Agenda item

Street Trading Consent in the Vicinity of Schools

The purpose of this report is to ask the Committee to endorse the development of a draft street trading policy.




The Committee considered a report setting out a proposal to develop a clear street trading policy for approval by Council in due course.  The proposal arose from complaints made by Head Teachers concerning the siting of mobile ice cream vendors close to school premises, during discussions with staff in the Public Health Directorate. At one school a severe near miss with a pupil running into the road obscured by an ice cream van had led the school to take the action to bring the ice cream van onto school grounds to reduce road safety risk.


Members were advised that, under the Local Government (Miscellaneous provisions) Act 1982 anyone selling or exposing or offering for sale any article (including a living thing) in a street within Medway needed a street trading consent.  Medway Council had two types of street, these being a prohibited street (where no street trading was allowed) and a consent street (where no street trading was allowed without consent).  However, there was currently no policy concerning the granting of street trading consents. Medway Council had a commitment to reducing childhood obesity and improving dental health. This was accomplished in part, by supporting both schools and parents to promote healthy eating with their children and the siting of mobile food vendors in the vicinity of schools and on school premises was considered to undermine this aim.


Members views were therefore sought on the possibility of introducing a policy restricting where and when mobile food vendors could sell their products in the vicinity of schools.  With reference to examples of such policies introduced by other local authorities, it was suggested that ’exclusion zones’ of 800m might be introduced around schools between 1200 and 1600 hours. Roads which had schools on them may also be deemed prohibited streets.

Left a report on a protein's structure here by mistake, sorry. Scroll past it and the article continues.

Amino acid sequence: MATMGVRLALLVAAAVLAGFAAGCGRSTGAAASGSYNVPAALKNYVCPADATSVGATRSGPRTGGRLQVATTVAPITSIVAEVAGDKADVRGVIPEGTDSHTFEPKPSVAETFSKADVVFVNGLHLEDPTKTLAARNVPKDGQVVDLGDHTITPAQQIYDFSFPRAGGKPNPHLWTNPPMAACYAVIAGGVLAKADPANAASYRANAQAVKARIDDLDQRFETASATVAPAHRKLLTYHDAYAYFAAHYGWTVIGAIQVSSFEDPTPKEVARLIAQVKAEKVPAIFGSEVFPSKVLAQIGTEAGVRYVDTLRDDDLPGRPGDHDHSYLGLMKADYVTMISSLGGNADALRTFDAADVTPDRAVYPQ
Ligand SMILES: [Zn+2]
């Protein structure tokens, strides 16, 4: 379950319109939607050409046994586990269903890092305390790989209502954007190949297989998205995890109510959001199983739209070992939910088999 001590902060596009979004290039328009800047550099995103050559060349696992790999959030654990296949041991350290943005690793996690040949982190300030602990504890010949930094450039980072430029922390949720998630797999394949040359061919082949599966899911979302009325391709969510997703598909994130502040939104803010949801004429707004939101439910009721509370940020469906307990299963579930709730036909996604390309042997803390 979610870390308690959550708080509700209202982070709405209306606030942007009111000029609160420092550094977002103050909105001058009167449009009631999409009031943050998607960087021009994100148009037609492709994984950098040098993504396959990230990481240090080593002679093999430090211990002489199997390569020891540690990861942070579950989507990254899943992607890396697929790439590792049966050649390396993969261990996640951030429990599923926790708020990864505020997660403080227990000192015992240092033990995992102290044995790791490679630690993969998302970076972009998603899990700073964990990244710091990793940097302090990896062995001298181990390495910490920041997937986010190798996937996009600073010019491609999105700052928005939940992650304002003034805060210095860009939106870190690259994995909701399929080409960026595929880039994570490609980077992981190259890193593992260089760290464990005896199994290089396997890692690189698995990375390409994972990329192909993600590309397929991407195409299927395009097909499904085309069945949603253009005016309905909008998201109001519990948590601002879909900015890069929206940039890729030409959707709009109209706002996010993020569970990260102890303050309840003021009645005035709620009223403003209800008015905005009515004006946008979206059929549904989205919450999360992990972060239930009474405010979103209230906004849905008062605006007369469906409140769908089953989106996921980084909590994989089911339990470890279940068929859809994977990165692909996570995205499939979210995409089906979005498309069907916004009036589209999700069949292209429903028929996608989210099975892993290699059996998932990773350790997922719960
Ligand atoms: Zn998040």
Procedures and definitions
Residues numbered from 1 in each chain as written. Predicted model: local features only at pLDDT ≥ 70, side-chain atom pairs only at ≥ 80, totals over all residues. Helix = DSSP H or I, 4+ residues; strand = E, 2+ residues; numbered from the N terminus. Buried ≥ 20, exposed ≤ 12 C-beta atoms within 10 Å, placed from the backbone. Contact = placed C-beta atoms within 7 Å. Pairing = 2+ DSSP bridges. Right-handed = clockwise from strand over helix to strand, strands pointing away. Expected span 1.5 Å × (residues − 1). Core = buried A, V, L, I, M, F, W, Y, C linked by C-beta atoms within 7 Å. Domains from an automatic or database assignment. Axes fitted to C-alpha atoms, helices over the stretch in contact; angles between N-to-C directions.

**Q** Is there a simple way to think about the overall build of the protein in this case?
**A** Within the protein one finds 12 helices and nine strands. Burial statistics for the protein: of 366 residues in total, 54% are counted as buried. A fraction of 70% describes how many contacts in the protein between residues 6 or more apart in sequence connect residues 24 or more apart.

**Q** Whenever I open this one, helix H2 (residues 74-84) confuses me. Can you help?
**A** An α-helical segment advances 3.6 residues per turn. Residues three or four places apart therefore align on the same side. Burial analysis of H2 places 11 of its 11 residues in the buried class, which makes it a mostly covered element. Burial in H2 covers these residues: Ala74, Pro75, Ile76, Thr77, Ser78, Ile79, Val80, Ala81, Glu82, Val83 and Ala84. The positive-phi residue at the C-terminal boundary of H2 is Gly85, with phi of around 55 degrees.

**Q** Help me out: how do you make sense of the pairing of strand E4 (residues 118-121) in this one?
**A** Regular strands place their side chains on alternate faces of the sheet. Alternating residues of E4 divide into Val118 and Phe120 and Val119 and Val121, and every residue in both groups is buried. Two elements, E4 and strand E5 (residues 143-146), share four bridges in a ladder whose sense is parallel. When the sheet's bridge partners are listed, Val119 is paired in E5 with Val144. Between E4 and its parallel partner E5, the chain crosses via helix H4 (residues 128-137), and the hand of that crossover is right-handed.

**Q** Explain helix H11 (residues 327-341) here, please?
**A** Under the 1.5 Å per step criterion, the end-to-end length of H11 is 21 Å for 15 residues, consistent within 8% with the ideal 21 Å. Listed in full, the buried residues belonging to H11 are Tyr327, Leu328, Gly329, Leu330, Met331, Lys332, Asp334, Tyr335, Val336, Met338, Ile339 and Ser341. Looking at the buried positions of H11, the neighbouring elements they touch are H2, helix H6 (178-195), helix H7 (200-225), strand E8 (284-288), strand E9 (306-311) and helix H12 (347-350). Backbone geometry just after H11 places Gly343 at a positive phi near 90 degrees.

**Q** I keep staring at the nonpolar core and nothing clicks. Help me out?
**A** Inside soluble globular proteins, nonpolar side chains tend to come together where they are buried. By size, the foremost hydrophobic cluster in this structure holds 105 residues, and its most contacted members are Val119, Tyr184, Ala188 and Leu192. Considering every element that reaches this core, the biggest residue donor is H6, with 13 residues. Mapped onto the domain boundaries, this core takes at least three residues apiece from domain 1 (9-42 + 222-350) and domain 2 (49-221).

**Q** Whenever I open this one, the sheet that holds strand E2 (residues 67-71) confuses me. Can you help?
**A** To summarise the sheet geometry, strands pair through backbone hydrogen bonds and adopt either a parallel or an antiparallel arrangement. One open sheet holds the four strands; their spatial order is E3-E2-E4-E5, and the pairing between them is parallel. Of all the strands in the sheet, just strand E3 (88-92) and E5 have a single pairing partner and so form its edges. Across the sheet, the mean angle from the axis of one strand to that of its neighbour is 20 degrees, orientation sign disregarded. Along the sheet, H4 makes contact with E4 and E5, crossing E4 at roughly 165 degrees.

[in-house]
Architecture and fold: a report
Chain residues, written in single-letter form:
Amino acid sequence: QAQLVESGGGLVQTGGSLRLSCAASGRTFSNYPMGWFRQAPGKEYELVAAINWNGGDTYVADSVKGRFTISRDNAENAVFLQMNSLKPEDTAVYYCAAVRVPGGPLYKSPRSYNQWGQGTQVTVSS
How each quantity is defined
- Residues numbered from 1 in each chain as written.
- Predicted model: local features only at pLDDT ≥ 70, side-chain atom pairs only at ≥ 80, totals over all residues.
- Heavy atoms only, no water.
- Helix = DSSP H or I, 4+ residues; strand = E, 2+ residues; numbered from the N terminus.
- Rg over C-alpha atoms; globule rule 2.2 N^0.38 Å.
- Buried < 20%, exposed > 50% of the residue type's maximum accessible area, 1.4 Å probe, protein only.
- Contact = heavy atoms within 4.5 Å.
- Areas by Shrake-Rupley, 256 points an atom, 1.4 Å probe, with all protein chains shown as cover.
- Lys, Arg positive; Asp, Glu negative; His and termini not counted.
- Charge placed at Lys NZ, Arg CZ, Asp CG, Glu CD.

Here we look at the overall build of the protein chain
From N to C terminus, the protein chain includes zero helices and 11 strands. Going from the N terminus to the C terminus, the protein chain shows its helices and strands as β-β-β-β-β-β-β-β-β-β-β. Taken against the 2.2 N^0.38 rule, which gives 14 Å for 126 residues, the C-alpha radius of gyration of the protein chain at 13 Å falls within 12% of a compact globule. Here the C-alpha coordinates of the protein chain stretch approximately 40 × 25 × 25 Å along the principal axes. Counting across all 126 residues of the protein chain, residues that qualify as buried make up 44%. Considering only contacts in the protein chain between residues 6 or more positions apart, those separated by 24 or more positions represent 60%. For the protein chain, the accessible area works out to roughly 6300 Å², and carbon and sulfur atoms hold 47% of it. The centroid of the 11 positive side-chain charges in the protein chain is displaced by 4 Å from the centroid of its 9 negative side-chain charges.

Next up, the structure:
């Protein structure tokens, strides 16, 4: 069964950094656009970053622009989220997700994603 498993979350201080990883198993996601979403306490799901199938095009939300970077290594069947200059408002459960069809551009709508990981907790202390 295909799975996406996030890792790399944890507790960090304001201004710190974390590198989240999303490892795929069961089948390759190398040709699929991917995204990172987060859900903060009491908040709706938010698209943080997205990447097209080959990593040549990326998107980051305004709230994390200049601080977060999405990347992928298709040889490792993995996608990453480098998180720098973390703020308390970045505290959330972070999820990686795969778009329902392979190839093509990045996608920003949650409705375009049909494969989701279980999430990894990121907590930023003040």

Members raised a number of concerns about the proposal, as follows:


·         The financial cost of operating a street trading policy would need to be established in order that the budgetary implications were clear.

·         An ‘exclusion zone’ of 800m around schools could directly effect all areas of Medway. The restriction on hot food takeaways in the vicinity of schools was 400m and the two policies should be consistent.

·         ‘Exclusion zones’ between the hours suggested would not cover after school activities.

·         Given the relatively small number of ice cream vans in Medway, was there a need to introduce such a policy based on one incident?

·         Were the resources available for effective enforcement?

·         If the siting of ice cream vans was restricted, people would simply use nearby retail outlets instead.

·         There were other ways to tackle the issue of childhood obesity, for example restricting street trading on specific roads where schools were located. This could be more effective than a blanket policy which might be too restrictive to gain public support.

·         An alternative more targeted approach would be to add a condition to a street trader’s licence, if appropriate, regarding the siting of their vehicle.

·         A blanket policy would not be workable from a health perspective. However, imposing additional conditions of licence would be effective in terms of road safety. Conditions could include a requirement to park responsibly in a safe place.




The Committee asked that officers:


1.    Develop proposals for additional conditions to be applied to street trading licences to help ensure that traders operated safely in the vicinity of schools.


2.    Report back to a future meeting of the Committee before consulting the trade on the proposals.

Supporting documents: